Game of Loans: The Postal Prefunding Debacle

If the U.S. Postal Service (USPS) pension and retiree health benefit plans really need to be funded separately from other government entities, this should be done properly. Otherwise, they should be returned to the government’s retirement program. And USPS’s overpayments should be returned to USPS.

Instead, the nation has been left with a near comical disaster and staggering debt at USPS for American taxpayers. How we got to this sad point is a tale worth telling.

The story begins in 2002. The U.S. Government Accountability Office (GAO) erroneously concludes that the USPS pension fund is underfunded and recommends that the U.S. Office of Personnel Management (OPM) determine the size of the shortfall and increase the assessed payments.

In response, OPM conducts the first real audit of the funds, finding that USPS has actually been overcharged and has not only fully prefunded its pension, but has a substantial surplus.

The surplus cannot be refunded however. The money by law was placed in the hands of the Treasury, who has spent the money and replaced it with IOUs. Because of historically low interest rates, the more than $300 billion in bonds in the fund soon do not generate enough annual income to cover annual expenses. The fund’s value is eroding.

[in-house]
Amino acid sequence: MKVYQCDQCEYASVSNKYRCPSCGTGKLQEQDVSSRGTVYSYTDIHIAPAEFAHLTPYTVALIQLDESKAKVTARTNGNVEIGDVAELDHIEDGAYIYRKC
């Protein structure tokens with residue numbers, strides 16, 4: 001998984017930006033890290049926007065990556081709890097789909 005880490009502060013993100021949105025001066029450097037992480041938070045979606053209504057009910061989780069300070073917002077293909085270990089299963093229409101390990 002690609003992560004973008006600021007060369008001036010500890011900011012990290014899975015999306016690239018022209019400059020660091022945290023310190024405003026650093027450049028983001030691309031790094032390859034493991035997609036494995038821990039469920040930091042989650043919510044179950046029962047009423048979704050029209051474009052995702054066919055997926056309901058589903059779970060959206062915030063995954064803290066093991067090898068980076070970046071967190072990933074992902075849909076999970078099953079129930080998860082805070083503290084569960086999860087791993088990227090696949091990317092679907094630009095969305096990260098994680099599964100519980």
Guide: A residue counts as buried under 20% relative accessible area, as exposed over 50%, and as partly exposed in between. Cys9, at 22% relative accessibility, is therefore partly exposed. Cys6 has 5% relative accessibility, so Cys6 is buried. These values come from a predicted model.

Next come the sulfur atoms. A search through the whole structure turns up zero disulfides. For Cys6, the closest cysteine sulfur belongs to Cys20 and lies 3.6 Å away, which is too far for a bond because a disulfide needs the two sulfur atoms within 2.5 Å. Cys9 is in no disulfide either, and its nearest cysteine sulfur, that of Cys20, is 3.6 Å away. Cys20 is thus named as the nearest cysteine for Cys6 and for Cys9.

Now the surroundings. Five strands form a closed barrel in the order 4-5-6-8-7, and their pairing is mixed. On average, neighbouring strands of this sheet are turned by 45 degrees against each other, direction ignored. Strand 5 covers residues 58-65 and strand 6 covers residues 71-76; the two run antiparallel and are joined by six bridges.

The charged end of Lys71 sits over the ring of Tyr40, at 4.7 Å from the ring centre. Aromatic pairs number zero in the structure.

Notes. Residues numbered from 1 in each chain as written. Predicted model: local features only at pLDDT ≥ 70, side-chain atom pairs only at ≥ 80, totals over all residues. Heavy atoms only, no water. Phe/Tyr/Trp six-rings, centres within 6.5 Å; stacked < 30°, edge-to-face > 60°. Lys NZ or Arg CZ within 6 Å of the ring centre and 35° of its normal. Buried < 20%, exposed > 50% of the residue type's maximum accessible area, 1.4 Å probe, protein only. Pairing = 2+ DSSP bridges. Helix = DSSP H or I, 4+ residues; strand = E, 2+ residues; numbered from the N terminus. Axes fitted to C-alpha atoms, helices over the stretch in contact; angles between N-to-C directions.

It is decided in 2006 with the passage of the Postal Accountability and Enhancement Act (PAEA) that USPS will not get the overpayment back. Rather, it will all be applied to a newly invented obligation given to USPS, the retiree health benefits fund.

USPS must also now prepay its future retiree health care bills. Odd, since the rest of the government pays for health care with a pay-as-you-go system, in part because you cannot predict the size for such future liabilities. There are simply too many future unknowns, such as changing life expectancies, new diseases and new cures coming in the 21st Century.

At the unveiling of the new law, Congress boasts that the giant pre-funds will assure that taxpayers will never be saddled with the postal retirement liability. Actually, with PAEA, the entire liability is now transferred entirely onto the backs of taxpayers. The $300 billion has been spent, and taxpayers will now have to pay for the bonds, as they are redeemed.